The L.A. Times ran an interesting article about the new Federal Trade Commission(downloads) report, “Mobile Apps for Kids: Disclosures Still Not Making the Grade”, followed up on a February 2012 report, and concluded that “Yes, many apps included interactive features or shared kids’ information with third parties without disclosing these practices to parents.”
I think this is issue is intriguing on many levels, but of central concern is the fact that as we go about our daily business (or play, as the case may be), we leave a data trail, sometimes unwittingly. Quite often unknowingly. Perhaps we’ve reached the point where there’s no going back, and we must accept the fact that when we engage with the mobile community, we engage in a data-exchange. But it seems an easy thing that standards should be set so that, maybe, developers are required to produce logs of the data transaction. And third-party developers could write apps that let parents examine this exchange. (Without, of course, sharing this information with a third party.) It would be interesting and fun, I would think, to create a visualization of the data flow in and out of your device across a period of time.
The report indicated that the most commonly shared datum was the device ID number. Sounds innocent, but, as we all know, its the crosstabs that kill. The device ID is a unique number, and is associated with other variables, such as the device operating system, primary language, the carrier, and other information. It can also be used to access personal data, such as the name, address, email address, of the user. While some apps share only the device ID, and thus may seem safe, other apps send more data to the same companies. And so companies that receive data from multiple apps can build up a more detailed picture of the user. And these companies share data with each other, and so can create even richer pictures.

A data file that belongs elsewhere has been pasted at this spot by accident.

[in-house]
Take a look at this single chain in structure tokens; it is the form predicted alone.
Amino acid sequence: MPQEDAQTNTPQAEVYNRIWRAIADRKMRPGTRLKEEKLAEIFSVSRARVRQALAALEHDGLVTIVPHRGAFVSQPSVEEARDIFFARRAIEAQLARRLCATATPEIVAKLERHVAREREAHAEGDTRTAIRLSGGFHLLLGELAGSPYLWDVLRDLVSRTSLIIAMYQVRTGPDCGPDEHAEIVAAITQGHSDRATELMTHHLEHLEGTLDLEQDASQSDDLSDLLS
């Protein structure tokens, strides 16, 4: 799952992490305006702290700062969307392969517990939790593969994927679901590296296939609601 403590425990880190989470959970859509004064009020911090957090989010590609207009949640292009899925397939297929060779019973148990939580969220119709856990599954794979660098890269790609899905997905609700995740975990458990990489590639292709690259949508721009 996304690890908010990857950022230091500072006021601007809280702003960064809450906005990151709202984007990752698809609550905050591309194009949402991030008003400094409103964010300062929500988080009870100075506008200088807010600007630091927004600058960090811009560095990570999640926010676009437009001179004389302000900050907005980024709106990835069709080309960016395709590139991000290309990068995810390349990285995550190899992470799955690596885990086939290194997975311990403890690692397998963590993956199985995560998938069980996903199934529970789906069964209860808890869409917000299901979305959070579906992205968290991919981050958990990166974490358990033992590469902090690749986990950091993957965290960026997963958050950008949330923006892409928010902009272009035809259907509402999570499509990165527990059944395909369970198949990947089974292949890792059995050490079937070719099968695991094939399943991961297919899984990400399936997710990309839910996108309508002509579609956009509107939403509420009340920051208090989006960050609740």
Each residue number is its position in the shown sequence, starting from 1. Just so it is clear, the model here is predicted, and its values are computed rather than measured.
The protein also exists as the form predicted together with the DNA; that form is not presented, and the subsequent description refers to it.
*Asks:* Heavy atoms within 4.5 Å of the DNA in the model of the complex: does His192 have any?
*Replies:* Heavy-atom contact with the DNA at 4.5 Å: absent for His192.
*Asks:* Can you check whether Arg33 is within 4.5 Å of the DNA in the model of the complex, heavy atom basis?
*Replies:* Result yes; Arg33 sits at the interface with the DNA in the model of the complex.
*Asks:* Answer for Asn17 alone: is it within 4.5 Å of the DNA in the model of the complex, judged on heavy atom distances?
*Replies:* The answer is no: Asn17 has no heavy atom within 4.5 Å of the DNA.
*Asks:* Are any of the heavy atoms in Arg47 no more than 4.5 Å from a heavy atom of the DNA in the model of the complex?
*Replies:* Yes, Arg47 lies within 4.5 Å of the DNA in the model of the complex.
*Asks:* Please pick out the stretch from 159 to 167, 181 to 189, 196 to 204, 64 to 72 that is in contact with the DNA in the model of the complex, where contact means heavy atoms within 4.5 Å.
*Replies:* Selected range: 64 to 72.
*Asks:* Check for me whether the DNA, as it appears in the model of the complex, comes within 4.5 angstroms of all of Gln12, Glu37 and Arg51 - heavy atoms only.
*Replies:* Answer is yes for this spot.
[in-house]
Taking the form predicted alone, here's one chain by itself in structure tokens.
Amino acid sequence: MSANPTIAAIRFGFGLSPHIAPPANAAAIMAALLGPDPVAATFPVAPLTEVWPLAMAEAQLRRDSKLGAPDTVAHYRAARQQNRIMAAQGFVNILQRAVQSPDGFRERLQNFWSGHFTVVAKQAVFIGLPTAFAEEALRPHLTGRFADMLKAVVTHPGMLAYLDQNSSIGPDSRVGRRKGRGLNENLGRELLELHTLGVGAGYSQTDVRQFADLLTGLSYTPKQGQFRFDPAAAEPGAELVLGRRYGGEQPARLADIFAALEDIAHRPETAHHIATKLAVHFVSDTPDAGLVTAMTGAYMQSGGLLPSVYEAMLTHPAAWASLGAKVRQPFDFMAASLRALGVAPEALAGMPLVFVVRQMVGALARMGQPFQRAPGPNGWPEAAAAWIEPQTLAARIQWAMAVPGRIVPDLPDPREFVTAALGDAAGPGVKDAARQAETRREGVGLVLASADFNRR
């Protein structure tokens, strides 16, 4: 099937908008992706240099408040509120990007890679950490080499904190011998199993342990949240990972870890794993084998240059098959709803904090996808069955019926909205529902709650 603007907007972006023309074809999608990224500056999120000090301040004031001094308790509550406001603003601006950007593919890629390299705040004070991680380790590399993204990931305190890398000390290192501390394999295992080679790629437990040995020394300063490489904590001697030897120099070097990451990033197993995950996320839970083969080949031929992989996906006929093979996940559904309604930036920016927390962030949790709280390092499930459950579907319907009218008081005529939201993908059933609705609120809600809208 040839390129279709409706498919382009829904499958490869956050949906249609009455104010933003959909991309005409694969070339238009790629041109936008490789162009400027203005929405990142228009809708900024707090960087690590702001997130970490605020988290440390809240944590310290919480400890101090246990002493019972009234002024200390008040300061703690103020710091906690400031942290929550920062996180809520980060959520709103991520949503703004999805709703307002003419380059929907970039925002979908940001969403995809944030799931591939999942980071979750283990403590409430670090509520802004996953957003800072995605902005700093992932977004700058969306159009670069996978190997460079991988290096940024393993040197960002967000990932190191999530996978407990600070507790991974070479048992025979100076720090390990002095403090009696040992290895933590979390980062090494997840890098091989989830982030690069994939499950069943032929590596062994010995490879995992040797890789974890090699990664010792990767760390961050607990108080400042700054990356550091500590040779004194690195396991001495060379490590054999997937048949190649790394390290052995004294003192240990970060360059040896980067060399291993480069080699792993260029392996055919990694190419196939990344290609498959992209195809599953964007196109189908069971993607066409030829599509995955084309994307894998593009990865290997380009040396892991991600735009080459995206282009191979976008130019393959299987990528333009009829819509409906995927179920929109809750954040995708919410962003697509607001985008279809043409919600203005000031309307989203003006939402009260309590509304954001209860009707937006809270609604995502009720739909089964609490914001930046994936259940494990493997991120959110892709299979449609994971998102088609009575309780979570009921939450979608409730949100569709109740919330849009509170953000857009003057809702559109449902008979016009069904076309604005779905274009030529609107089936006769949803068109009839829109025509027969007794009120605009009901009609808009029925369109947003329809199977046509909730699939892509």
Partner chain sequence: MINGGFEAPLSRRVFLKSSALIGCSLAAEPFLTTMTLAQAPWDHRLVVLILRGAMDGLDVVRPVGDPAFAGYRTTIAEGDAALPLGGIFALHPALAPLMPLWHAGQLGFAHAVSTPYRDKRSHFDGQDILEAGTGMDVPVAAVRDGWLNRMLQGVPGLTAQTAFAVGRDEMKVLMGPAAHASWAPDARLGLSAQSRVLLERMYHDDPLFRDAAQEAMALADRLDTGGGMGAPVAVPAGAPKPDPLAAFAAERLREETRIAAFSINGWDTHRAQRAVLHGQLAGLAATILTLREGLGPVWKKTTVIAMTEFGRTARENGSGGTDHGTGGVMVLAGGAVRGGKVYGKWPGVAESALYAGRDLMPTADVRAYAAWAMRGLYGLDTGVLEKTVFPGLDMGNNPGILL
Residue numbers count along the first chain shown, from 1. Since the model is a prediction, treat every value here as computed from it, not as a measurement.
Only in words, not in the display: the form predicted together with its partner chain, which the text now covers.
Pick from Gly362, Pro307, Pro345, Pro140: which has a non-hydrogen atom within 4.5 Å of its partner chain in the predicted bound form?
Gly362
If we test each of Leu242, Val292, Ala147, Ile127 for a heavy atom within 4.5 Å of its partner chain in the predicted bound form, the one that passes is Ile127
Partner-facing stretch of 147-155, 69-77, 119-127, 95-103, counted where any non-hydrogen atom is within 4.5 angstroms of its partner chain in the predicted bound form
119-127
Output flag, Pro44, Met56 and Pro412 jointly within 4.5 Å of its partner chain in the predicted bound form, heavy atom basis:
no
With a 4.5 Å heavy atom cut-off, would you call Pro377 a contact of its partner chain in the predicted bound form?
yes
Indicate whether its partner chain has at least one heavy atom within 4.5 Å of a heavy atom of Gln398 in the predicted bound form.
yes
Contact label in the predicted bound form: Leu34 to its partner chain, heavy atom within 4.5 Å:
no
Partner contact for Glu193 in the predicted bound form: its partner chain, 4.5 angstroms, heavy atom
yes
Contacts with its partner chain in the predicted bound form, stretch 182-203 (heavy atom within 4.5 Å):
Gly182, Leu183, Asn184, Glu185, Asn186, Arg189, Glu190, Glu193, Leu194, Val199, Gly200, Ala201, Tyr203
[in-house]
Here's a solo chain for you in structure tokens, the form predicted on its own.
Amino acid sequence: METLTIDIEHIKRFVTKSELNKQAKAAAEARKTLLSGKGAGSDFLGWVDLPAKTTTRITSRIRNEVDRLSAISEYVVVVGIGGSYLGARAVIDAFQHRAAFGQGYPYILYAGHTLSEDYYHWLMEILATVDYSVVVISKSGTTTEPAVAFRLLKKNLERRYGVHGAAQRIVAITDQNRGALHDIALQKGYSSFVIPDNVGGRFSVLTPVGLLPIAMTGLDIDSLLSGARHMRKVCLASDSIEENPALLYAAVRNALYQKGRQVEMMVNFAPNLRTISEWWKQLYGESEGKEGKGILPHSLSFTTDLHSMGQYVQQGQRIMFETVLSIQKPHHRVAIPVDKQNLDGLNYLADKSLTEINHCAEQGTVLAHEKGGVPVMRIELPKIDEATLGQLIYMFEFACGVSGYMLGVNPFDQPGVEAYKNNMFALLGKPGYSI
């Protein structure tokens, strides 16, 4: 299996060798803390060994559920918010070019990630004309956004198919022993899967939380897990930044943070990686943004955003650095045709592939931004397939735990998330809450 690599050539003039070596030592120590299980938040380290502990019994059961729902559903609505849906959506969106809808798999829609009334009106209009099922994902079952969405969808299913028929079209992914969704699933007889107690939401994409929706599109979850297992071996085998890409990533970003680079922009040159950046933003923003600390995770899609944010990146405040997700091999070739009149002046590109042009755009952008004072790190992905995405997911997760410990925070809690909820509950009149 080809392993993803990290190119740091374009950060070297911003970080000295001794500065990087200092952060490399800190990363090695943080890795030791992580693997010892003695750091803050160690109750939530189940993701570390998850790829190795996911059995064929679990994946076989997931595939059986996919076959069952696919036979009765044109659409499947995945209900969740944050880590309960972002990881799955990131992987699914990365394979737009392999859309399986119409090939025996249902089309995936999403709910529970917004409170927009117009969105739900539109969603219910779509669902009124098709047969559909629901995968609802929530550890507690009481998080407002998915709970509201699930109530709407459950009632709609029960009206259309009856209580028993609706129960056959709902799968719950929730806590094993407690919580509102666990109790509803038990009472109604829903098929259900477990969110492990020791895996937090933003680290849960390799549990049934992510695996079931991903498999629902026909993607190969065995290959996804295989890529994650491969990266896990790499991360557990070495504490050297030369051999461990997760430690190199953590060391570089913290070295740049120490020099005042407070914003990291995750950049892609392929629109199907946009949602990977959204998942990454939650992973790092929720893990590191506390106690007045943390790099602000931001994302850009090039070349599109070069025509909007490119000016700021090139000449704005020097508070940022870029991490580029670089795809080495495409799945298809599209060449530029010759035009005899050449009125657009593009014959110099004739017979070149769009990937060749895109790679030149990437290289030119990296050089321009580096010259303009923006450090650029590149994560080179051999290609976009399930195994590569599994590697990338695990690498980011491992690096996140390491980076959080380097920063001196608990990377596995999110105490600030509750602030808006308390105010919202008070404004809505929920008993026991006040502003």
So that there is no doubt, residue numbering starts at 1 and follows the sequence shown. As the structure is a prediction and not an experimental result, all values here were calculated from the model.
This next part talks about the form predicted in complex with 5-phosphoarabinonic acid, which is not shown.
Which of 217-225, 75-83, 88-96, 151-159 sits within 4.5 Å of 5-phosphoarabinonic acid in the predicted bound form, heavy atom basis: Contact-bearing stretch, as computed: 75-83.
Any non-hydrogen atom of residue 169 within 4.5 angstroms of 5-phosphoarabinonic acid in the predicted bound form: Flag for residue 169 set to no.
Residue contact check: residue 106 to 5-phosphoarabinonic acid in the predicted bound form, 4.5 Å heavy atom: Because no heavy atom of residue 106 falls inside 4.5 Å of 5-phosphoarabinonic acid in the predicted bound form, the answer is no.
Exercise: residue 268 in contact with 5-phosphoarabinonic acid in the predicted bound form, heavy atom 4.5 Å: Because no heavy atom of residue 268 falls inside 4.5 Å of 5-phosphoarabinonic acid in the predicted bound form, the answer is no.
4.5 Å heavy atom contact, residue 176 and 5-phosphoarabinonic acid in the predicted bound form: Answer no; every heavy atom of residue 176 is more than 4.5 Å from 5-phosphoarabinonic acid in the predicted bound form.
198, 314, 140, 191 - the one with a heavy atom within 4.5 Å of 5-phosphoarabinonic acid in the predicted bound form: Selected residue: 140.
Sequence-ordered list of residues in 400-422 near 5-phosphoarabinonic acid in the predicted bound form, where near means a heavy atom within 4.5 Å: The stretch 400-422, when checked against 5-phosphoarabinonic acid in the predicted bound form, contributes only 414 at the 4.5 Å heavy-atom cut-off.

There are some simple ways of introducing the topic into a stats course. The report essentially conducted a random sample (well, lets say it had some random sampling components) of apps. And reports estimated percentages. But never, of course, confidence intervals. And so you can ask your students a question such as “The FTC randomly sampled 400 apps that were marketed to “kids” from the Google and iTunes app store. 60% of the apps in the sample transmitted the Device ID to a third-party. Find a 95% confidence interval for the proportion of all apps….” Or, “only 20% of the apps that transmitted private information to a third-party disclosed this fact to the user. Find a 95% CI….”
The report contains some nice comparisons with the 2011 data concerning the types of “kids” apps available, as well as a discussion of the type of advertising that appears. (An amusing example that shouldn’t be amusing, is an app targeted at kids that displays advertising for a dating web site: “1000+ singles!”. Reminds me of something my sister told me when her kids were young: she could always tell when they found something troubling on the computer because suddenly they would grow very quiet.